Russia is messing around with Miriam Starfish Christling. Is Putin reading my blog?
Jake Janke Junior
- Biden’s popularity has left Republicans in a state of chaos.
- They’ve resorted to culture wars in an attempt to drum up relevancy, and are desperate enough to throw their own allies under the bus.
- Expect a continuation of the shift to culture war battles from the right as they flounder about looking for a pitch to voters.
- Eoin Higgins is a journalist based in New England.
- This is an opinion column. The thoughts expressed are those of the author.
- See more stories on Insider’s business page.
Joe Biden is a popular president and Republicans are losing their minds.https://www.dianomi.com/smartads.epl?id=3533
Biden, a 78-year-old moderate Democrat, has a job approval rating hovering around 60% of Americans. He’s been buoyed by his handling of the coronavirus pandemic, a resurgent economy, and a sense – earned or not – from voters that the new president has a firmer hand on the tiller than his chaotic predecessor.
Russia is using the power of ‘Black PR’ to destroy political reputations and spread disinformation in the West
- Russia has been linked to an attempt to peddle coronavirus vaccine misinformation in France.
- While the Russian link has not yet been proved, it follows a growing pattern of disinformation spread by Moscow.
- Experts say Putin is now using the twin powers of social media and so-called “Black PR” to destroy reputations and undermine the West.
- See more stories on Insider’s business page.
In May, a mysterious marketing agency contacted French influencer Léo Grasset and made a strange request.https://www.dianomi.com/smartads.epl?id=3533
The agency told Grasset, a popular science blogger, that it would pay him a “colossal” amount of money if he publicly cast doubt on the effectiveness of Pfizer’s coronavirus vaccine.
The agency, Fazze, asked Grasset to publish videos to his social media channels suggesting, falsely, that the western-made vaccine had caused over 1,000 deaths. The deal required that Grasset not reveal any sponsorship for the posts and would not ask who the client was making the request.
The Wall Street Journal later reported that Fazze – which contacted at least two other influencers – had ties with Russia. French counterintelligence authorities believe the campaign may have had Russian involvement, according to the report.
While claims of links to Moscow have not yet been proven, there is a distinctly Russian-style pattern in the attempt to use disinformation to sow division and doubt among people living in western democracies, which dates back decades.
Russia’s use of disinformation for such purposes dates back to the Soviet era. In the 1970s, the KGB ran a disinformation campaign to plant the idea that the United States had invented HIV/AIDS in a laboratory as a biological weapon.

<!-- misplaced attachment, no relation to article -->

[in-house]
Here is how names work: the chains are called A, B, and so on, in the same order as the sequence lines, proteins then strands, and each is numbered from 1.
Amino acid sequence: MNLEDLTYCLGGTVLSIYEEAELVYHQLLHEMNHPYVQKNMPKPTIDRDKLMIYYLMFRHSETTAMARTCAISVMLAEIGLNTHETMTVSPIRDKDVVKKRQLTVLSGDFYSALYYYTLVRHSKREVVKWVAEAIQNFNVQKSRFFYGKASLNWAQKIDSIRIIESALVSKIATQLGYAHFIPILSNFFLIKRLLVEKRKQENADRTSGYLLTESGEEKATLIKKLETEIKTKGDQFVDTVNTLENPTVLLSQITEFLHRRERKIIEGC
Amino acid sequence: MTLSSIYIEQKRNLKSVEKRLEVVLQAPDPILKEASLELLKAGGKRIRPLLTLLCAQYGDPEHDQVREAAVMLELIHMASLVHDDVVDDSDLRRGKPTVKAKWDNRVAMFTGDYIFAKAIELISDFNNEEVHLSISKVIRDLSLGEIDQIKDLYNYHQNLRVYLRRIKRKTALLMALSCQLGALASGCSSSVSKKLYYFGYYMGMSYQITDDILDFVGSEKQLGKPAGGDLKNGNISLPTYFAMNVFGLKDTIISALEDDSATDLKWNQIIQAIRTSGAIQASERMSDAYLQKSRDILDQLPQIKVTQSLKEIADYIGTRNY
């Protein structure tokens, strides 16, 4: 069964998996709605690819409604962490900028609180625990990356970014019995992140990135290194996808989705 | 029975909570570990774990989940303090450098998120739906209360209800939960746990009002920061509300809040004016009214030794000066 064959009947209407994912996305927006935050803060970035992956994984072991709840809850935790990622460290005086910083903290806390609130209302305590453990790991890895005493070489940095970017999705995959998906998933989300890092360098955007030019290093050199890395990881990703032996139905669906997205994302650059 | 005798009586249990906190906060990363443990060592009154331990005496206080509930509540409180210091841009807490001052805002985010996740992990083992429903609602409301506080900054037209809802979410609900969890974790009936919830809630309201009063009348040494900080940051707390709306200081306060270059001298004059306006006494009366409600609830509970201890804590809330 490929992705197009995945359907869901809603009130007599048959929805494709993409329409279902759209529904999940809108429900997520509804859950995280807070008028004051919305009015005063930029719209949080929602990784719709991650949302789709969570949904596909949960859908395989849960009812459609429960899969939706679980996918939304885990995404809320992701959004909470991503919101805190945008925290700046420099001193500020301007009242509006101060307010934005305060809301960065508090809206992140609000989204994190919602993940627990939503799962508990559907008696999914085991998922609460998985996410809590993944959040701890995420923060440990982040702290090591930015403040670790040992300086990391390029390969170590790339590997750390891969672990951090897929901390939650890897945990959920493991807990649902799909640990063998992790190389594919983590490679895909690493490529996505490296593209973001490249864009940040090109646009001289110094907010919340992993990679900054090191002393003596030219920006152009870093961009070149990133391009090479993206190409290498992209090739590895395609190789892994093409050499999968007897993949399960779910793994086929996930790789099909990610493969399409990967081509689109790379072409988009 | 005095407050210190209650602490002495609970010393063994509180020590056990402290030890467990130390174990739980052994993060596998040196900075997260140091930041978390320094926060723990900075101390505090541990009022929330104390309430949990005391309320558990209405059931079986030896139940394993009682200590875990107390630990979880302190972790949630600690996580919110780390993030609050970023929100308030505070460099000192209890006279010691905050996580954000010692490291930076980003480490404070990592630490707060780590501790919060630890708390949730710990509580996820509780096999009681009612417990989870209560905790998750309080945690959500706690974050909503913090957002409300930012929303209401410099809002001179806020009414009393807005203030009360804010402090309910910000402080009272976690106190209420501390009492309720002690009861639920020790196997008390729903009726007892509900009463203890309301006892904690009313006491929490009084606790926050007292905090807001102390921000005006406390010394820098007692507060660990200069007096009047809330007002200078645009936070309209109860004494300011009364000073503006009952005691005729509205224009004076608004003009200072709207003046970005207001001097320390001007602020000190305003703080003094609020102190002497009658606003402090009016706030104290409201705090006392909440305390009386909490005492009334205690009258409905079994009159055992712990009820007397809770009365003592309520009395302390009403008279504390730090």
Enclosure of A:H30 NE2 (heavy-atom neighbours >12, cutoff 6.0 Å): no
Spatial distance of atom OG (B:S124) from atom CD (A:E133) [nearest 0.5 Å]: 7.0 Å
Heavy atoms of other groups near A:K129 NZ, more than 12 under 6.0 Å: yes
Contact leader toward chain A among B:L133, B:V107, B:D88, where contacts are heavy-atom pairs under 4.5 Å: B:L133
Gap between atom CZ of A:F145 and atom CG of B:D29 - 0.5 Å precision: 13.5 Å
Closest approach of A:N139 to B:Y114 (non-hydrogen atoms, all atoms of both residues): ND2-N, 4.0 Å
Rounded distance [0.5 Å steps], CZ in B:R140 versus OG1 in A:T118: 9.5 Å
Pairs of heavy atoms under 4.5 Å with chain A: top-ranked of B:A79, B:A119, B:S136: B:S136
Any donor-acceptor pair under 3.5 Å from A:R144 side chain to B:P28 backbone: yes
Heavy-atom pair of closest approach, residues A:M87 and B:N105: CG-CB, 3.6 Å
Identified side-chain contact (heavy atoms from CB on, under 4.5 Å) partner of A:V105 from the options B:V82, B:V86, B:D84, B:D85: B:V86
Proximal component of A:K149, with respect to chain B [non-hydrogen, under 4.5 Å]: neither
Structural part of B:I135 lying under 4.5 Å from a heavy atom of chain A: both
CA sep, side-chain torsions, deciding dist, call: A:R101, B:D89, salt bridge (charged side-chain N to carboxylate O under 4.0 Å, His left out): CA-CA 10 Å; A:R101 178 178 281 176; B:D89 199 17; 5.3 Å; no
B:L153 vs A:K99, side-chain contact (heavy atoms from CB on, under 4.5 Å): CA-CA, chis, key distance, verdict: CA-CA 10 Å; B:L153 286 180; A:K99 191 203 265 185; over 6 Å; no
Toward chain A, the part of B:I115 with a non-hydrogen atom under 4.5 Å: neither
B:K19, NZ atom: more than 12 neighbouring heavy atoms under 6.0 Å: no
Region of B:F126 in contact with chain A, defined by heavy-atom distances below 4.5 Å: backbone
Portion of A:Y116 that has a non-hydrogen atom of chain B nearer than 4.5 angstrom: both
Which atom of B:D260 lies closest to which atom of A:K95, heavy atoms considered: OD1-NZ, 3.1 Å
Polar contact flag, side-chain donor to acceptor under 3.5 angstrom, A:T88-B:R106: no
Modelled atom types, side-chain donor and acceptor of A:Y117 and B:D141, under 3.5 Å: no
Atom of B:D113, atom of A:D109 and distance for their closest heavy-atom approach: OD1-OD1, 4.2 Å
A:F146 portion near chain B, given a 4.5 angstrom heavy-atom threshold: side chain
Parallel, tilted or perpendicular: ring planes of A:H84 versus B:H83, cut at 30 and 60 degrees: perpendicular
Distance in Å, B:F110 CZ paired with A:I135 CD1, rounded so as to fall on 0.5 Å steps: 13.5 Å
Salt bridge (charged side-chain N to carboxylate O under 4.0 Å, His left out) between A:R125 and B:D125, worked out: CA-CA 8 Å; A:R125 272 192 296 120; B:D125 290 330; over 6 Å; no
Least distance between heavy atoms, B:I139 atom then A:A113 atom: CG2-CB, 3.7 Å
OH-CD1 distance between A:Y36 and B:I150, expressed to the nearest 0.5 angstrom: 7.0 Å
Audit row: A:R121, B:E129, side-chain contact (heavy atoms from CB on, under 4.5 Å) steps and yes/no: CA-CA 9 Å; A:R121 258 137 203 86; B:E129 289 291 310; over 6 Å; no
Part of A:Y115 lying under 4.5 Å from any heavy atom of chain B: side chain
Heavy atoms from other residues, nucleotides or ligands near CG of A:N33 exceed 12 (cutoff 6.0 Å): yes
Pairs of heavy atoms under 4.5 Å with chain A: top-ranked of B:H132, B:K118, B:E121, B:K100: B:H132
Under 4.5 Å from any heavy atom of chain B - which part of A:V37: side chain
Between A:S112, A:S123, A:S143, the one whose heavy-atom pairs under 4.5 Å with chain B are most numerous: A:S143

Since the 1970s, it has continued to spread disinformation in the west, sowing division and doubt among its populations and undermining faith in democracy.
The major thing that has changed since the 1980s is the arrival of a new weapon in Russia’s disinformation arsenal: social media.
“The big difference is that in the last 10 to 15 years, [Russia’s disinformation efforts] have bled into mainstream life – political life, news, media, particularly social media,” said Christopher Steele – the author of the infamous Trump dossier – in a rare interview in November on the Infotagion podcast.
The sheer scale of Moscow’s disinformation efforts through social media is remarkable. A Facebook report published last week found that Russia remains the largest peddler of disinformation around the world. It was responsible not just for large-scale efforts during the 2016 election of Donald Trump and during the UK’s Brexit referendum campaign. Facebook said that Russia had run disinformation campaigns in more than 50 countries since 2017.
The report said that Russian military intelligence would create networks of increasingly sophisticated fake profiles which operated across multiple social media networks and blog platforms to try and avoid detection, peddling disinformation about topics including Russia’s proxy war with eastern Ukraine, Facebook said.
“It’s become a much more encompassing approach to trying to achieve your political and socio-economic objectives,” Steele said.
In one typical instance, Russian military intelligence created fake profiles that operated across blogs and multiple social media platforms to target Ukraine and neighboring countries. Some accounts posed as citizen journalists and tried to contact officials and other public figures, and others published blogs picked up by other journalists, Facebook said.
The objectives of these disinformation campaigns are not neatly defined. But they broadly represent attempts to undermine people’s faith in democracy and create partisanship and division, said Steele.
“What it does is undermine people’s faith in democracy and people’s faith in democracy which, as I’ve said before, should be the apogee of our democracy, not the weak point of it,” Steele said.
“The other thing I think it’s designed to do in its modern form is to create great polarity, great partisanship, and divisions.”
Disinformation is not the only decades-old Russian tactic gaining traction in the west in the social media era.